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The Keckley Report

By October 23, 2017March 1st, 2023One Comment

The Board’s Fourth Imperative: Monitoring Culture

The reputations of Wells Fargo, Uber, Equifax, Weinstein, Fox News, the University of Louisville basketball program and many others are tarnished as a result of recent media attention to their acknowledged misdeeds and failures. Journalists have chronicled in detail the actions and decisions by their leaders that resulted in organizational cultures that appeared to have rewarded results above all else.

On Wednesday, October 4, the National Association of Corporate Directors released a report outlining 10 recommendations to corporate Boards to be more pro-active in attending to the culture in their organizations. Among NACD’s recommendations, it recommends that Boards develop a formal mechanism for measuring the healthiness of the culture in their companies. And the report suggests that the healthiness of the organization’s culture factor prominently in the performance reviews of top managers and in their compensation.

For Directors of publicly traded companies and for Trustees of private and not-for-profit organizations, the challenge to monitor organizational culture is tricky. In corporate governance, the Director’s role is three-fold: to set direction for the organization, secure adequate capital to support the strategy, and hire a competent CEO. Getting involved in day to day operations is inappropriate unless requested by the CEO. But monitoring the culture requires understanding how an organization achieves its results, not just the results themselves. As the Wall Street Journal’s Joann Lublin wrote “Corporate culture counts. But bad culture can damage a company’s reputation, results and recruitment.” (“After Uber and Wells Fargo, Boards Wake Up to Company Culture” October 4, 2017). So, given increased media attention to organizational culture and its correlation to performance, monitoring culture is now the fourth imperative for Boards.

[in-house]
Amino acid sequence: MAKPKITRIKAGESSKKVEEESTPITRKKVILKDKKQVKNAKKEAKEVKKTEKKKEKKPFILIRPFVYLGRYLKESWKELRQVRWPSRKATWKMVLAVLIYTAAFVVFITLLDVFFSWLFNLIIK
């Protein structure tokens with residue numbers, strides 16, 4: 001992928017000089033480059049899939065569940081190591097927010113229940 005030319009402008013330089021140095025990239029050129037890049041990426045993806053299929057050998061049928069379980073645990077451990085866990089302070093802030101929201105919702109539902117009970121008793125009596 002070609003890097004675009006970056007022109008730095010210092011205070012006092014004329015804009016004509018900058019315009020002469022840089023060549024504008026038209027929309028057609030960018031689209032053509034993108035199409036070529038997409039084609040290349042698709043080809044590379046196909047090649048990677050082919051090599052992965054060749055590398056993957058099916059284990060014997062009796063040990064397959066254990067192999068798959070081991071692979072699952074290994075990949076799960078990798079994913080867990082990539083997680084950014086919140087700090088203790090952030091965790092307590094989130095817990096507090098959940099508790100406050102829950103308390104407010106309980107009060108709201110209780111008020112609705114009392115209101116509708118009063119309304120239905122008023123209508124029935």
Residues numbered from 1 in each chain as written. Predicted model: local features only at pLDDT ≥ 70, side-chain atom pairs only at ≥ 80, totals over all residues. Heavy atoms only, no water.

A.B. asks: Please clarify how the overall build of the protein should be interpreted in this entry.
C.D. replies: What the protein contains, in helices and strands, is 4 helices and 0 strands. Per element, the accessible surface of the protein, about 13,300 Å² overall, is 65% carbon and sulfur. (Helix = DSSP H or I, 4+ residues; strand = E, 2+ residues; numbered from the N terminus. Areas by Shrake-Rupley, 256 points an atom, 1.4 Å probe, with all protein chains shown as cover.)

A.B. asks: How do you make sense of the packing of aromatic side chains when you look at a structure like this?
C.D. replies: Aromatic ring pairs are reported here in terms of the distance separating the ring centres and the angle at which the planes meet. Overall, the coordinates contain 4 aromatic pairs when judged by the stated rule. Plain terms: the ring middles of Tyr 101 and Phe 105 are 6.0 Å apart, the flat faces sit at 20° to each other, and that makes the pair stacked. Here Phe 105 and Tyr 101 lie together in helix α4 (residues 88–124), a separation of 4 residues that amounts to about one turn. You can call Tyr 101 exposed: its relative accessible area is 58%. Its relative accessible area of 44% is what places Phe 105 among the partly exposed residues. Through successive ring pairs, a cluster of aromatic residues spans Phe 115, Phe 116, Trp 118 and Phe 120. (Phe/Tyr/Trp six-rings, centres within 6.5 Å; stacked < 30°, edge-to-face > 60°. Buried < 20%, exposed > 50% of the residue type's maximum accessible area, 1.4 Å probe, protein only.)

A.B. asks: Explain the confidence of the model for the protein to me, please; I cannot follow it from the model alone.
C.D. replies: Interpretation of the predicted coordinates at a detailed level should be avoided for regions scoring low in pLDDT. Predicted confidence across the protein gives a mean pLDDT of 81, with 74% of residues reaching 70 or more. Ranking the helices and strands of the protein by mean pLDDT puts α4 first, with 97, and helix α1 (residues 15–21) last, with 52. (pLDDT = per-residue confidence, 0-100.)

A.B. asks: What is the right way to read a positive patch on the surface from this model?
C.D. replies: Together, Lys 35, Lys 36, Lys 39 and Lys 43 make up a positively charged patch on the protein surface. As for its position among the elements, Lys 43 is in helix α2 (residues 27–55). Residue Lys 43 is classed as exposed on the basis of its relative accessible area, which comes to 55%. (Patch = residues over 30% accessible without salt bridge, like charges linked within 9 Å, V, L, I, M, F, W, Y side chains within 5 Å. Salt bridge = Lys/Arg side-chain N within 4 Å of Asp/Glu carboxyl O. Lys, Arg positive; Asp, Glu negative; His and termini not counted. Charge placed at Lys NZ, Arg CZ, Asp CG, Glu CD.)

I have served on four publicly traded board of directors and several not for profit boards. In each, attention to risks associated with regulatory compliance, cybersecurity and conflicts of interest have gotten significant attention. The CEO’s performance has been scrutinized in the context of targeted results and the Chief Legal Officer has played a key role in directing the Board’s attention to potential issues. And I have also worked in organizations where financial results justify acceptance of behavior by leaders that would otherwise be subject to disciplinary action. But the Boards were unaware.

In healthcare, many of our largest organizations—drug companies, device manufacturers, multi-hospital operators, post-acute providers, insurers—are publicly traded. Their Boards are usually composed on industry experts and their investors and compensated for the 200 hours they invest in committee and board responsibility annually. In some sectors, privately-owned companies are prominent: these boards are usually comprised of their founders, investors and senior management. And in the delivery system, most of our organizations operate as not-for-profit organizations serving local communities. Their boards are usually composed of community leaders and physicians who are not compensated for their service.